In response, Dr Macdonald indicated that at any given time, there were always social work vacancies in the Department as staff members left the profession. The Department had been working to recruit more staff members. People could leave their posts with one month's notice, but it could take up to six months to fill the vacancy, as the recruitment process was quite extensive.
Given the strain on the Department's existing structures, social work graduates had been taken on board to help with additional capacity. The WCED did not have many social worker posts in their Department, so there was not much scope to take on more social workers, especially social work graduates. The Department of Health (DoH) had social workers and the NGO sector. The overall picture was that when the DSD was recruiting social work graduates, they were usually already appointed in the NGO sector.
The DSD had a contracted service provider for employee wellness. That service provider provided wellness programmes for staff members that included medical testing, therapeutic support, counselling, and other kinds of benefits. The provider reports to the Department on emerging issues in staff wellness. Some of the notable issues that have emerged include issues of safety, family, and interpersonal relationships at work. This service was well utilised by the staff members of the Department.
The issue of safety was increasingly becoming serious, and there had been major concerns about staff safety in areas such as Khayelitsha, Gugulethu and Philippi East. There had been cases of hijackings of government vehicles. This was a new thing in the Department, and it had responded by alerting staff members on the red zone areas they should not go to without a police escort.
Ms Windvogel asked why the targets on services to persons with disabilities had not been achieved.
Dr Macdonald responded that the budget cuts had resulted in reduced outputs in the Department. It was a similar pattern with the older persons programme, where there were also budget cuts.
Mr Bosman said there had been an over-performance by the Department in the social relief sub-programme, including an increase in the numbers who had experienced undue hardship. How many households that the Department had engaged with had been referred to SASSA, and was there a mechanism through which the DSD could monitor if SASSA was assisting the same beneficiaries? Noting that the Department was under a fiscal strain, what was the plan to continue providing social relief?
Mr Fry referred to the number of boxes of sanitary packs dispatched to identified schools and facilities as part of the social relief programme. He said that the provision of sanitary packs was crucial. Was there any collaboration with other organisations that worked in distributing sanitary packs? Had the DSD done any work with the WCED to distribute sanitary packs to targeted schools?
In response, Mr Mzwandile Hewu, Chief Director: Community and Partnership Development, DSD, said that, as mentioned earlier, since the approval of the R350 COVID-19 relief, SASSA had reduced its interventions in terms of food parcels and other social relief interventions. Therefore, whenever there were undue hardships, these were referred to SASSA, and those who were unable to meet the requirements then got assistance from the Department. This did indeed add pressure to an already strained fiscal space in the DSD.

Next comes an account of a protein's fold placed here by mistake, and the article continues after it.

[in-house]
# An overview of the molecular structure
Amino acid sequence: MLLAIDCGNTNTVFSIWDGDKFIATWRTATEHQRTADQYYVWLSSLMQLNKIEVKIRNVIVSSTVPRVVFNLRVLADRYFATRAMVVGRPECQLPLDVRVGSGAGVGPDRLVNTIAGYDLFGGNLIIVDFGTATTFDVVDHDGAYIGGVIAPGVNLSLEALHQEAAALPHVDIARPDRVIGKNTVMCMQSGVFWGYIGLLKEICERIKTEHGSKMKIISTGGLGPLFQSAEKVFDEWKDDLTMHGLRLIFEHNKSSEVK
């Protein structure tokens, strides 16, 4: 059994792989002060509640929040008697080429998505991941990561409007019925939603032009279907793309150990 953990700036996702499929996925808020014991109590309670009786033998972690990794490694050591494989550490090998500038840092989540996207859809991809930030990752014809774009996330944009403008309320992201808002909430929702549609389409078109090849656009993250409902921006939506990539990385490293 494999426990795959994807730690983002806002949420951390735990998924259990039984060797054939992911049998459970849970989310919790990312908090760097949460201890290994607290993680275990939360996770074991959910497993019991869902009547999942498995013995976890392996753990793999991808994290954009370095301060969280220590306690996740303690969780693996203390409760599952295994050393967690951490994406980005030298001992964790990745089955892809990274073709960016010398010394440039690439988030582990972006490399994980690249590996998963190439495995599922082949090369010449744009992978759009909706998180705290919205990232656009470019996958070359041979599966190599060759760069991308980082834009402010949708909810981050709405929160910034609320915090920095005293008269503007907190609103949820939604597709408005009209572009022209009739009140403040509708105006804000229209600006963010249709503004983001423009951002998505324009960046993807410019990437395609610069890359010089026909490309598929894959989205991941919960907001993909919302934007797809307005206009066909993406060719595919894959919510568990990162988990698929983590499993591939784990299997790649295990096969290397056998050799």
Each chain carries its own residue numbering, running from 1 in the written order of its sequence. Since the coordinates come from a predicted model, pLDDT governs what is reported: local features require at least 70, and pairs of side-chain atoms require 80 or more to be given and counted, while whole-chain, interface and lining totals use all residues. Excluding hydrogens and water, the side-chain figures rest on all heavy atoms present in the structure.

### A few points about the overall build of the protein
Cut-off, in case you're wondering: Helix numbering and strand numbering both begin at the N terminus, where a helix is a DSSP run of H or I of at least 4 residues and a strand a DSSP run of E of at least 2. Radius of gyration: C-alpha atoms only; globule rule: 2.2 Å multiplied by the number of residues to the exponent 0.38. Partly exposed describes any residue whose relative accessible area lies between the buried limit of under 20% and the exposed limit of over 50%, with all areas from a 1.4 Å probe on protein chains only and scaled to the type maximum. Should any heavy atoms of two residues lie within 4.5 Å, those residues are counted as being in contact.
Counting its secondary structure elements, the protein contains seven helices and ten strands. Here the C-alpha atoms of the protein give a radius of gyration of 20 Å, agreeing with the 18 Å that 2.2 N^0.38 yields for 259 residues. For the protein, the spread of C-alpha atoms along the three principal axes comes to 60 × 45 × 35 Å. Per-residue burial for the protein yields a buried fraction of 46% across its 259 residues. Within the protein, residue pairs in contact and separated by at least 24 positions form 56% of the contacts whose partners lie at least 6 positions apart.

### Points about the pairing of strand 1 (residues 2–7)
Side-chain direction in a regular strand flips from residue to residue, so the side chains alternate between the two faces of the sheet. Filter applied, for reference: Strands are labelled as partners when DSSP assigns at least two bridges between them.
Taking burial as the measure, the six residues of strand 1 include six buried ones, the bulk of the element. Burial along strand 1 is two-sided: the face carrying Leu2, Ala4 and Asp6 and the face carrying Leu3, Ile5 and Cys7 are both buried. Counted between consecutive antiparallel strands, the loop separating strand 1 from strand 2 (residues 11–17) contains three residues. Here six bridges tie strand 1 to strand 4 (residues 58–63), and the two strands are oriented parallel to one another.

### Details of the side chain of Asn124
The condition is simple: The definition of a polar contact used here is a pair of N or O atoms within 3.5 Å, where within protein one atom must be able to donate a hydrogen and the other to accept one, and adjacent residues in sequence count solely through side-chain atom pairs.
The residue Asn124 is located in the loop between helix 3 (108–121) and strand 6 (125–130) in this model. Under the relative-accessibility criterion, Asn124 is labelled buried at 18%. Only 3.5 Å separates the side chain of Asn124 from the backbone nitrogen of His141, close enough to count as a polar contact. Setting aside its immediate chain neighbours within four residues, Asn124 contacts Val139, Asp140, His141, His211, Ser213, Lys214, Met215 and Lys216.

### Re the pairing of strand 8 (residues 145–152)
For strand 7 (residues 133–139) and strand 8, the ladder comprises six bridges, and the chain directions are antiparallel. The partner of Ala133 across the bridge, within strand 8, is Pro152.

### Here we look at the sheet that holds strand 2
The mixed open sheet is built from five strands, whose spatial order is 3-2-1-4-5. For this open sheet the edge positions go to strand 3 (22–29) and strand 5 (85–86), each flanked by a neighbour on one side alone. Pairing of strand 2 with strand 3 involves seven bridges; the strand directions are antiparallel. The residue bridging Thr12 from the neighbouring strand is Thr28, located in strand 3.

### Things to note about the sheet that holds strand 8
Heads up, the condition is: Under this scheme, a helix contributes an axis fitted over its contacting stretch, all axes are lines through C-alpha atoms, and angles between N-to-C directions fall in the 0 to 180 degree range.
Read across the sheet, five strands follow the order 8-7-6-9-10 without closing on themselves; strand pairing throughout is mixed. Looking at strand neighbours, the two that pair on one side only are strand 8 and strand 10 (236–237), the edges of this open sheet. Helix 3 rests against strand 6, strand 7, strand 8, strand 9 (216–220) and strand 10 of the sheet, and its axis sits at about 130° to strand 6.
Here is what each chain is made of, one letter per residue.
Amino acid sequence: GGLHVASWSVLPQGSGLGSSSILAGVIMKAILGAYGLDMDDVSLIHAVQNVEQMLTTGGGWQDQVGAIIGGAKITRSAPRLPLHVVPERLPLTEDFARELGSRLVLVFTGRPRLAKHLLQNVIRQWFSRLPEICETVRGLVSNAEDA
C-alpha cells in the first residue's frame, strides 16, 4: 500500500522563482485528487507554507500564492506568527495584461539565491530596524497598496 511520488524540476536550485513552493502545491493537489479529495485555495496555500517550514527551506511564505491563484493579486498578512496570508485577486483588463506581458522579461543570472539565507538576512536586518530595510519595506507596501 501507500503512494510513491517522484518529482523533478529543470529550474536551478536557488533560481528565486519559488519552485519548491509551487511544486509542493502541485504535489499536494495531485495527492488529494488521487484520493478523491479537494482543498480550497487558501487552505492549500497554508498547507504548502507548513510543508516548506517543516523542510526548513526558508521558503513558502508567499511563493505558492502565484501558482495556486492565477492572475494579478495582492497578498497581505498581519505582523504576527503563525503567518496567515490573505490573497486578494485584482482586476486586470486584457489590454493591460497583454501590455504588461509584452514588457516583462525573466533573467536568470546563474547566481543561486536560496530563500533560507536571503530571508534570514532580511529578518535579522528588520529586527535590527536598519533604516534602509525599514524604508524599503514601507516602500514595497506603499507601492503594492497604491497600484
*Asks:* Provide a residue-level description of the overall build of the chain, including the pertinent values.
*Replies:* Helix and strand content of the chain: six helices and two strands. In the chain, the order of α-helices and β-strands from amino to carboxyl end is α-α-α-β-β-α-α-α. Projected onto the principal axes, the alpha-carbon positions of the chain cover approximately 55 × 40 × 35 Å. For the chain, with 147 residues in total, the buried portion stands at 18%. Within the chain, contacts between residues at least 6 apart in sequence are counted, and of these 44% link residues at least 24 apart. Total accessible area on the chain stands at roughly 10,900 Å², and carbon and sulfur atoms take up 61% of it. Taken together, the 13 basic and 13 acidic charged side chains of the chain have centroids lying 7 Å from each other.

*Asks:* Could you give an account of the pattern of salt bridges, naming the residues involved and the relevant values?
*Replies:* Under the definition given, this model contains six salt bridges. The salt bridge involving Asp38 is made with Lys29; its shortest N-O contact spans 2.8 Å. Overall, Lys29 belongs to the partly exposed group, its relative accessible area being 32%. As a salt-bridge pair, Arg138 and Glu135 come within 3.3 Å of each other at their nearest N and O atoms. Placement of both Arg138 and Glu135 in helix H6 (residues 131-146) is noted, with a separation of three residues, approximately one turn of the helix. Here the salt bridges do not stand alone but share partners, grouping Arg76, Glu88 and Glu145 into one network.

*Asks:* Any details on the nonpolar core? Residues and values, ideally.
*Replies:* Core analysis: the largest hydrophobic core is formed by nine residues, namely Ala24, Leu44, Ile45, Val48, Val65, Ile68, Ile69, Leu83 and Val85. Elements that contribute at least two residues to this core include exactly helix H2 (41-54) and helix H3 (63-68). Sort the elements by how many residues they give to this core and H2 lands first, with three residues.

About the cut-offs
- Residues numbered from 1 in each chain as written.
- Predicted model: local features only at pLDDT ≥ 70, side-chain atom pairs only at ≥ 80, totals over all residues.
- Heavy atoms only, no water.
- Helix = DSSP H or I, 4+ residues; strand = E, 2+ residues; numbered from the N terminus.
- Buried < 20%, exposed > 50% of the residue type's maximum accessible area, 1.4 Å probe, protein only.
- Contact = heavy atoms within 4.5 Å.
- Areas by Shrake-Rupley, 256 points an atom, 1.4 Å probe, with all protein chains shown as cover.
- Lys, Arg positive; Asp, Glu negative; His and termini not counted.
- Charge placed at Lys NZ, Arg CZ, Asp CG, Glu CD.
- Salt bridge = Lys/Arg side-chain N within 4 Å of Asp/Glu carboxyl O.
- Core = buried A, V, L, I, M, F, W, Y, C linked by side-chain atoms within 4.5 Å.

On the sanitary packs, the Department was trying to collaborate with relevant stakeholders, including NPOs and private sector organisations working on this issue. Its focus was on working with school-going girls who needed sanitary packs.
Ms Windvogel said that during the Committee’s oversight visit in Paarl, there was a storage facility where the sanitary packs were being kept. Was this facility still full, or had it become empty?
What was the reason for the underspending on social welfare services, specifically regarding services for persons with disabilities and older persons? When making the adjustments to the budgets, why were resources not redirected to avoid an underspending?
Dr Macdonald confirmed that the storage facility was empty, as all supplies had been distributed.
The underspending on the vehicles for persons living with disabilities was because this involved funds earmarked by National Treasury, and there was no discretion to redirect them to other programmes. The money had to be paid after the provider had completed modifying the vehicles.
Concerning the logistical challenges that had prevented completion of the training of the child and youth care workers in the current financial year, he said the child and youth care workers within the Isibindi implementing agencies had faced several challenges. Another issue was that the Department of Health was also implementing the Isibindi model, which resulted in many child and youth care workers shifting to that because the remuneration was better, compared to the DSD's. Overall, the DSD's implementation agencies still had child and youth care workers, and they were getting regular training.